Well amongst the fascinating things I found over the past week of research is the following passage from an early 18th Century book, "The Natural History of Northampton-shire: With Some Account of the Antiquities." By John Morton published in 1712.

Figure 12: The Natural History of Northampton-shire

Morton was the Rector of Oxendon near Market Harborough, and his book is absolutely full of fascinating details about the natural history of Northamptonshire, with many valuable descriptions of the places and events in the area.  In the following passage presumably written after 1705 and before 1712 he describes a weather event that took place shortly before a thunder storm.  Both the Lyddington and Gretton windmills are mentioned.  Bear in mind that these are post mills, so that they swivelled around the supporting centre post to face into the wind.

Figure 13: A description of the two mills, presumably working on that day.

Windmills had to be secured when they were not working, and the cloth sails rolled up, or stripped down to prevent the wind breaking the mill. This could lead to a fire breaking out inside the mill, which would very quickly cause the flour to burn in with an effect that would be very like that of an explosive.

It was just such a fire in about 1840, that destroyed the only other windmill that could possibly be being described by Morton. That was the one located on top of Windmill Hill at Lyddington.

Until the 1980's this mill site was readily accessible and half of one of the mill stones lay partially buried in the topsoil on top of the hill. This was a popular destination for a Sunday afternoon walk. The hill is heavily earth worked with both ridge and furrow as well as a sunken roadway leading to the mill site.  Sadly the pastureland was planted in trees, and the site is no longer easily accessible, although the crown of the hill was left unplanted.

Figure 14: A plan showing the locations of the mills near Lyddington

As can be seen, there is a surprisingly large number of mills in this area. The are also watermills at Caldecott and at Seaton.

Thorpe Water mill went out of business by 1899. The building survived without its roof until about 1968. I can remember playing in and around it.  The masonry was again bulldozed into the river and along the toe of the adjacent railway embankment by the River Authority.  The retaining wall of the sluice is still visible below the footbridge as can be seen in the following photo.  The mill lade survives, however it was heavily modified by the construction of the railway line during the late 1850's, and it was probably this work that caused the mill to cease production. Nobody knows when it started in production, but it was probably operating in competition with Gretton Mill. A footpath leading directly to Gretton crosses the bridge in the photo. A nearby footpath goes by a less direct route over the back stream to Gretton over an old masonry & brick bridge now on the point of falling down.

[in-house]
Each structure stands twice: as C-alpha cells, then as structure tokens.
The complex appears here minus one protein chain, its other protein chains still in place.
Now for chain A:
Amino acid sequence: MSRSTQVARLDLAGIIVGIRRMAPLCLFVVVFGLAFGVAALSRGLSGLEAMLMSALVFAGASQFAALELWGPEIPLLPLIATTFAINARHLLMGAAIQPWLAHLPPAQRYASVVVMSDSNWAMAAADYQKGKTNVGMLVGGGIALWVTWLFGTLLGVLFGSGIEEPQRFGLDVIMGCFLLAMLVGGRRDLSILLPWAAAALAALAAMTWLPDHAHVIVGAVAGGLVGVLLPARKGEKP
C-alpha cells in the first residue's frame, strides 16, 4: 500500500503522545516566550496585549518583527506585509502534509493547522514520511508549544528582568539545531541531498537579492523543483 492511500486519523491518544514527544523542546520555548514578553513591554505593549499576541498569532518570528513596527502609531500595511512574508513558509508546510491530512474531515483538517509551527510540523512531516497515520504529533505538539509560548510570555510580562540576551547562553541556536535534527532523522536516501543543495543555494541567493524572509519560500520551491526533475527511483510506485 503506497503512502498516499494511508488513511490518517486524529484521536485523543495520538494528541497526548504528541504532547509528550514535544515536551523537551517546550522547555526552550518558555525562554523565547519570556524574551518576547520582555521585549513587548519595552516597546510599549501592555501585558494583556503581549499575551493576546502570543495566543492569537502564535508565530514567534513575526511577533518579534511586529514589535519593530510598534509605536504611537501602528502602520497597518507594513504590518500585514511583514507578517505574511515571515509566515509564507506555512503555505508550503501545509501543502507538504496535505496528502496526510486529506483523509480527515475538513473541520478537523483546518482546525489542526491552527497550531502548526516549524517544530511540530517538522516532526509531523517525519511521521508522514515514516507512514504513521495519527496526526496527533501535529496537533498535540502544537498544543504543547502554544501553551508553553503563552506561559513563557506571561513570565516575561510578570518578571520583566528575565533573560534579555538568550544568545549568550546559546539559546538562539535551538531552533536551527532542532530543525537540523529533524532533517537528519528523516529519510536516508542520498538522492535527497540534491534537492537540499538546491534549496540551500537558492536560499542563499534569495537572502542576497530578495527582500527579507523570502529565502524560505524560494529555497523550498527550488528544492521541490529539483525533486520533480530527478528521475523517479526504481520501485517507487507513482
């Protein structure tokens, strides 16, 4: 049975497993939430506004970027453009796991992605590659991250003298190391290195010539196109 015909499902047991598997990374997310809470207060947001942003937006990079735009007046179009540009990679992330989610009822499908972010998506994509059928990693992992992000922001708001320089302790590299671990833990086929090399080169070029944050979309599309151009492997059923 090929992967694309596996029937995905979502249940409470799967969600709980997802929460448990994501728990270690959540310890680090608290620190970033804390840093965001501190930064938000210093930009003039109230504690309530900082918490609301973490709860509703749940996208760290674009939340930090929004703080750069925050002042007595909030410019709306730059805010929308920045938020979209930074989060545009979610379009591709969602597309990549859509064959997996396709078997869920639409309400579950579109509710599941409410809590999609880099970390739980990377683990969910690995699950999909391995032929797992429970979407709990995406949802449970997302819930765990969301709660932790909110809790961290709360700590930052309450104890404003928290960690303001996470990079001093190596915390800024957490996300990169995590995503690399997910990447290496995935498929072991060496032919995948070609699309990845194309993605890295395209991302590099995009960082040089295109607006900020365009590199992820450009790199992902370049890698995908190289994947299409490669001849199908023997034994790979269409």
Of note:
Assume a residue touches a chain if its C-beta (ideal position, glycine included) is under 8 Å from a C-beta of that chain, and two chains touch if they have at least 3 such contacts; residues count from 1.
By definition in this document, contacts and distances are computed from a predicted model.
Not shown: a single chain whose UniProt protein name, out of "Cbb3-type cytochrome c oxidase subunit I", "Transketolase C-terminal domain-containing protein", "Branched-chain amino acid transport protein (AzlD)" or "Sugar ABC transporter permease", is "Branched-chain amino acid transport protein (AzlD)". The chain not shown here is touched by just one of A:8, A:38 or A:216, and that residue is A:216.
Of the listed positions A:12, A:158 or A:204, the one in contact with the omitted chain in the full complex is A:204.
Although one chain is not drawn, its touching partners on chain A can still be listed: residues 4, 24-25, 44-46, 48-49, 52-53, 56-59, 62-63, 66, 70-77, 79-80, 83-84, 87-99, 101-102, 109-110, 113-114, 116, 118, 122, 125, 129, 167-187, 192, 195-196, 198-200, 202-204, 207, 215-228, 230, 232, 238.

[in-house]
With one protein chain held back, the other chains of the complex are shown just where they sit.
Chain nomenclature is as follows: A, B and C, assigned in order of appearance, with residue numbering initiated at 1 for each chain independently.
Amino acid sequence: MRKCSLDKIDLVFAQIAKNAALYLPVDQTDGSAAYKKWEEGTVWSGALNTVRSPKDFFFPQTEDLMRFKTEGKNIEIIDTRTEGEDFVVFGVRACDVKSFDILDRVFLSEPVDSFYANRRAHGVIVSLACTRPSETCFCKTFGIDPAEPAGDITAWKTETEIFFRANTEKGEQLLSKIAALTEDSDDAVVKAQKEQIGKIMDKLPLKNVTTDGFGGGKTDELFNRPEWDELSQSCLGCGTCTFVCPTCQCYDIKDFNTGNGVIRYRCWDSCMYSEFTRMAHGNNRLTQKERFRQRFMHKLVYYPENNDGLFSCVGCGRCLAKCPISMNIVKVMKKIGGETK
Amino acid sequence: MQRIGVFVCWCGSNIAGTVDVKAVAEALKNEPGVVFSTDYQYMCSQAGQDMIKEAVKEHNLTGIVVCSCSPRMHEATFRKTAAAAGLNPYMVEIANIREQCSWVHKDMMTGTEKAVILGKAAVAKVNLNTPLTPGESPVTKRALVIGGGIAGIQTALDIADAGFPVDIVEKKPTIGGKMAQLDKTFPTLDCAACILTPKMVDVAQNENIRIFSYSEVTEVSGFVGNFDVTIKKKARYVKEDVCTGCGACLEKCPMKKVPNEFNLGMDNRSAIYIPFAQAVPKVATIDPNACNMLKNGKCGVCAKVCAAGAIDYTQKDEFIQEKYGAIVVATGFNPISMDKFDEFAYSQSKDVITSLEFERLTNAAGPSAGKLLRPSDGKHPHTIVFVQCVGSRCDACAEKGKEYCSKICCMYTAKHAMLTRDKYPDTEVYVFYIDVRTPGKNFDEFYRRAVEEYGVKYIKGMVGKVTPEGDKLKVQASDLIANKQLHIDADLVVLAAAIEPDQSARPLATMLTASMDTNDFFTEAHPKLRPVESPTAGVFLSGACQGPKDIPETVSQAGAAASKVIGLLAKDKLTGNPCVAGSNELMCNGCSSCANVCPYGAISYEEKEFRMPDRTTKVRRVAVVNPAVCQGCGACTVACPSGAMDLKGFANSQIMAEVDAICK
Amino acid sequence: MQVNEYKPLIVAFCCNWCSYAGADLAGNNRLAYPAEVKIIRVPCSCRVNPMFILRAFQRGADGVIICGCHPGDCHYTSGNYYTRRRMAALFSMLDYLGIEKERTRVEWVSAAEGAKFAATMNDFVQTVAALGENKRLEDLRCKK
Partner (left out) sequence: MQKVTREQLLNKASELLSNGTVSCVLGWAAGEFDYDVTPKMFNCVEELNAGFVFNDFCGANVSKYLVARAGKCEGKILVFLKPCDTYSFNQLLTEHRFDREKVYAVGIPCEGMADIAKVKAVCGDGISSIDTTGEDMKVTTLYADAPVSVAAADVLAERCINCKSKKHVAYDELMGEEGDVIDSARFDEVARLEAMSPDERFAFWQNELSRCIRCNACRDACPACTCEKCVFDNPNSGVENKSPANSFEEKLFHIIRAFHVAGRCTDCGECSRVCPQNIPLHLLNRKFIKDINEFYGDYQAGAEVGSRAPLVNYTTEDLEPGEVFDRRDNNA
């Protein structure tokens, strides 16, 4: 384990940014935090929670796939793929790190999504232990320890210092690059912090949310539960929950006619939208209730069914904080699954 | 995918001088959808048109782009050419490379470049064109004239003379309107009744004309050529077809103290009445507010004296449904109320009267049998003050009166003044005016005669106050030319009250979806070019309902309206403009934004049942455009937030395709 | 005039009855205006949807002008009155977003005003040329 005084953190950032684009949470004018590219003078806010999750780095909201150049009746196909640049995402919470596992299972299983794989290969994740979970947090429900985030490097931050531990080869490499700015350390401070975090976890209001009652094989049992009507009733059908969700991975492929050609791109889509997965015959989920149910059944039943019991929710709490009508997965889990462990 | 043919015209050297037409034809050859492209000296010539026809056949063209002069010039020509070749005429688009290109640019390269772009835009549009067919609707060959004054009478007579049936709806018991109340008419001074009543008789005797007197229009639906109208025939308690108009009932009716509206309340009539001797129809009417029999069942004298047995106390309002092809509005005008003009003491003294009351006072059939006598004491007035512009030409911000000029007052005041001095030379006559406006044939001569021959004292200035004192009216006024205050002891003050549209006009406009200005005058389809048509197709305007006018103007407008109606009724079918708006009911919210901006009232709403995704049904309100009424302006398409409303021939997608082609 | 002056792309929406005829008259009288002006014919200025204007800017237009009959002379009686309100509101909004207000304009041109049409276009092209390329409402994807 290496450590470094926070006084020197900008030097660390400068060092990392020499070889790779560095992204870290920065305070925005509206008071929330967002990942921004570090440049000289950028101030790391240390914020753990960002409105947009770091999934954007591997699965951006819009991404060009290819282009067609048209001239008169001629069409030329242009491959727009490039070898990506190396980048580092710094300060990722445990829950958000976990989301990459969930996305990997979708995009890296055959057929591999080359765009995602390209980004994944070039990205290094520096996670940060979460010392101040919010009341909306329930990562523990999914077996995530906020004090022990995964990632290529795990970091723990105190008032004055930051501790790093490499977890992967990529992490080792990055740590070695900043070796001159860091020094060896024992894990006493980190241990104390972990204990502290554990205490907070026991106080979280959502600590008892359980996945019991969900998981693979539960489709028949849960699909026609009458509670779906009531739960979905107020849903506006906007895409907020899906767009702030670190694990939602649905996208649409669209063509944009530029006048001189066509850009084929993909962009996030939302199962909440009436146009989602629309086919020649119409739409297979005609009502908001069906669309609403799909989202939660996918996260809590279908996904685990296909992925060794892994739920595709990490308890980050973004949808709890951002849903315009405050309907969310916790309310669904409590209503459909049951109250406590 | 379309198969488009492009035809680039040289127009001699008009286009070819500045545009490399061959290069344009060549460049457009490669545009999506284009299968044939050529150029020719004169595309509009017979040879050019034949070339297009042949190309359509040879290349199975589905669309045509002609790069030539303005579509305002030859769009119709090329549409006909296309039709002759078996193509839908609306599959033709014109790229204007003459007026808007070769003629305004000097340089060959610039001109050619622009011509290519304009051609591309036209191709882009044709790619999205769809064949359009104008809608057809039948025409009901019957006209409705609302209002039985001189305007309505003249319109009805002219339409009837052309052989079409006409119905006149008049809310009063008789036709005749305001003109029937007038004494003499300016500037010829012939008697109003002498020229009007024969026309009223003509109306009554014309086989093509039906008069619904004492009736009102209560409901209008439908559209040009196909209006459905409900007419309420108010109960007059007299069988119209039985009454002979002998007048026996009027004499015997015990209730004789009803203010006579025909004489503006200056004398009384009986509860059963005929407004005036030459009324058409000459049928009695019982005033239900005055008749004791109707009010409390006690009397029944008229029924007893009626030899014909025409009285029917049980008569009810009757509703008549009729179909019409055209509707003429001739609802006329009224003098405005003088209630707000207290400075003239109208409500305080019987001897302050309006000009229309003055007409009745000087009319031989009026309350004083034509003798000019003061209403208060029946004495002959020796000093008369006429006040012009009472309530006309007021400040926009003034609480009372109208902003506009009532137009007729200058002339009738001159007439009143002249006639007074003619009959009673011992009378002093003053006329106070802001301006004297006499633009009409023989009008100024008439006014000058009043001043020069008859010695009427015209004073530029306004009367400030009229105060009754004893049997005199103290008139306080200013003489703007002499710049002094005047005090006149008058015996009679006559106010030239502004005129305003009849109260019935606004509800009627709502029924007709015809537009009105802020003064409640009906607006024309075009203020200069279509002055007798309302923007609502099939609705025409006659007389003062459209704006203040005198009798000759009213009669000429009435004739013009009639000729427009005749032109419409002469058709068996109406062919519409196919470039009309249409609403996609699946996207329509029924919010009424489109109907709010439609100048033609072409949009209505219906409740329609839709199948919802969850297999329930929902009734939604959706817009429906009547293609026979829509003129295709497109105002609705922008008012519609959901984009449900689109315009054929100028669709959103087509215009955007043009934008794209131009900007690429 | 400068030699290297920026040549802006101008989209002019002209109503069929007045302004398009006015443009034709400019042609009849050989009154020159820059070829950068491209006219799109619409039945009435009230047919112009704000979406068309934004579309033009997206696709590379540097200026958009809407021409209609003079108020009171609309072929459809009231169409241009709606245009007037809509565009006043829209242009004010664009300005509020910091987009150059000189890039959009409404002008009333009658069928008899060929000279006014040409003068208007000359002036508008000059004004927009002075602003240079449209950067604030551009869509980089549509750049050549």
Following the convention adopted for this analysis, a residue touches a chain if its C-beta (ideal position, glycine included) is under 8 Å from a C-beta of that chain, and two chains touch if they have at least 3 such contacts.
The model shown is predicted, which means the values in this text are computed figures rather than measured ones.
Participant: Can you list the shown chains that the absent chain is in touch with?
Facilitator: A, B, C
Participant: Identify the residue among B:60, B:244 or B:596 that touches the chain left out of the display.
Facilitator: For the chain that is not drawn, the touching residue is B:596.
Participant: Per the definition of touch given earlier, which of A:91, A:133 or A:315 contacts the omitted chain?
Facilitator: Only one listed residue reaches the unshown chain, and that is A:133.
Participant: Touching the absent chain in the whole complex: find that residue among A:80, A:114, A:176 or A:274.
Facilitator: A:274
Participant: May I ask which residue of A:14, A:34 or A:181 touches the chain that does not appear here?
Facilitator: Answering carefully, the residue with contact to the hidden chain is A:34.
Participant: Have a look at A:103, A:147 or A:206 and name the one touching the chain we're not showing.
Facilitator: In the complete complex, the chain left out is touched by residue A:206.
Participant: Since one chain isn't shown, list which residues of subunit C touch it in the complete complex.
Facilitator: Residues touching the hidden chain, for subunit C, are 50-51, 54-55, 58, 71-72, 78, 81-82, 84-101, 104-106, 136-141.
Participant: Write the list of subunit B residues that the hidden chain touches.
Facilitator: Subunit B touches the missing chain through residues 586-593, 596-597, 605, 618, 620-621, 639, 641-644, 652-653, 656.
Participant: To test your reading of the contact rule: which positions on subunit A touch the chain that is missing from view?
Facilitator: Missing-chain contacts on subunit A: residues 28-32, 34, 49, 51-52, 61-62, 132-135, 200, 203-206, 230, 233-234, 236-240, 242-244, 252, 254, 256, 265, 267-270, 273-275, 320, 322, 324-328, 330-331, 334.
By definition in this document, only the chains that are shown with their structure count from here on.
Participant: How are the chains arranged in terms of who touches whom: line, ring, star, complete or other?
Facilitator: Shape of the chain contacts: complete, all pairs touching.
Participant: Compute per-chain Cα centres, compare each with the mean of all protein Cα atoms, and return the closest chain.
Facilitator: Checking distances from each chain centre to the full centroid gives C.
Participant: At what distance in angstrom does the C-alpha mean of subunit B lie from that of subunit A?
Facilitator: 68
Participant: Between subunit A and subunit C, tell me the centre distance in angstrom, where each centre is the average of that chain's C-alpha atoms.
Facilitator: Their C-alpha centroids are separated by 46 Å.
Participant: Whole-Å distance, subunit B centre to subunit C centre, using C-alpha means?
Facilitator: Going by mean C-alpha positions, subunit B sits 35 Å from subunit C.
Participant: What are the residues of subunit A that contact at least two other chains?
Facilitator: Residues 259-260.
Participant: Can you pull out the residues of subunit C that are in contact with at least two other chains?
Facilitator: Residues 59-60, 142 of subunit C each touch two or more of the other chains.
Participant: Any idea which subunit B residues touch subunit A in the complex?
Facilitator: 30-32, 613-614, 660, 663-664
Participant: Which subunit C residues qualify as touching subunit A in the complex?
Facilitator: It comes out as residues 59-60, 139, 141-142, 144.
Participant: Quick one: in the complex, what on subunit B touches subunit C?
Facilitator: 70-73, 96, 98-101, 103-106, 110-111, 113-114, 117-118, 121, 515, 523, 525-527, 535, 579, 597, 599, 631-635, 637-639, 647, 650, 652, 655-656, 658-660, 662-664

Figure 15: Thorpe By Water former water mill site. [10]

When did all this milling start?  One intriguing clue survives.  The following Lidar image of Gretton Mill survives.  Two streams can be seen.  The main river, with the Gretton Road Bridge just to the east of the mill sites.  To the north is the back stream. It has a very sinuous course, and as can be seen on Figure 10, is the County and Parish Boundary, which suggests to me that the current main river is probably an early artificial cut  made in order to achieve a suitable fall.  There is evidence of another cut close still to the mill, and it looks as if quite a bit of digging was undertaken here by the original builders.

Figure 16: A Lidar image of Gretton Mill courtesy of the Environment Agency.

Why did these mills close. Of course it could have been for many reasons, obsolescence, being worn out, or competition.

I personally believe that it was due to the price of wheat and barley, which has fluctuated greatly over time.

Figure 17: William Playfair's Chart showing the price of wheat. [11]

To most historians over the past century who tend to have urban and socialist leanings, the rise in the price of wheat has negative connotations. However it should be borne in mind that the struggle for the balance of power between the consumer and the producer was here long before the supermarket was invented. For much of that time the farmer was on the losing side of that balance. When the red line fell below 40 towards 30, in Figure 17, farming communities began to feel the pain.

Conversely when the price rose, farmers prospered as they did from 1940 until about 1975.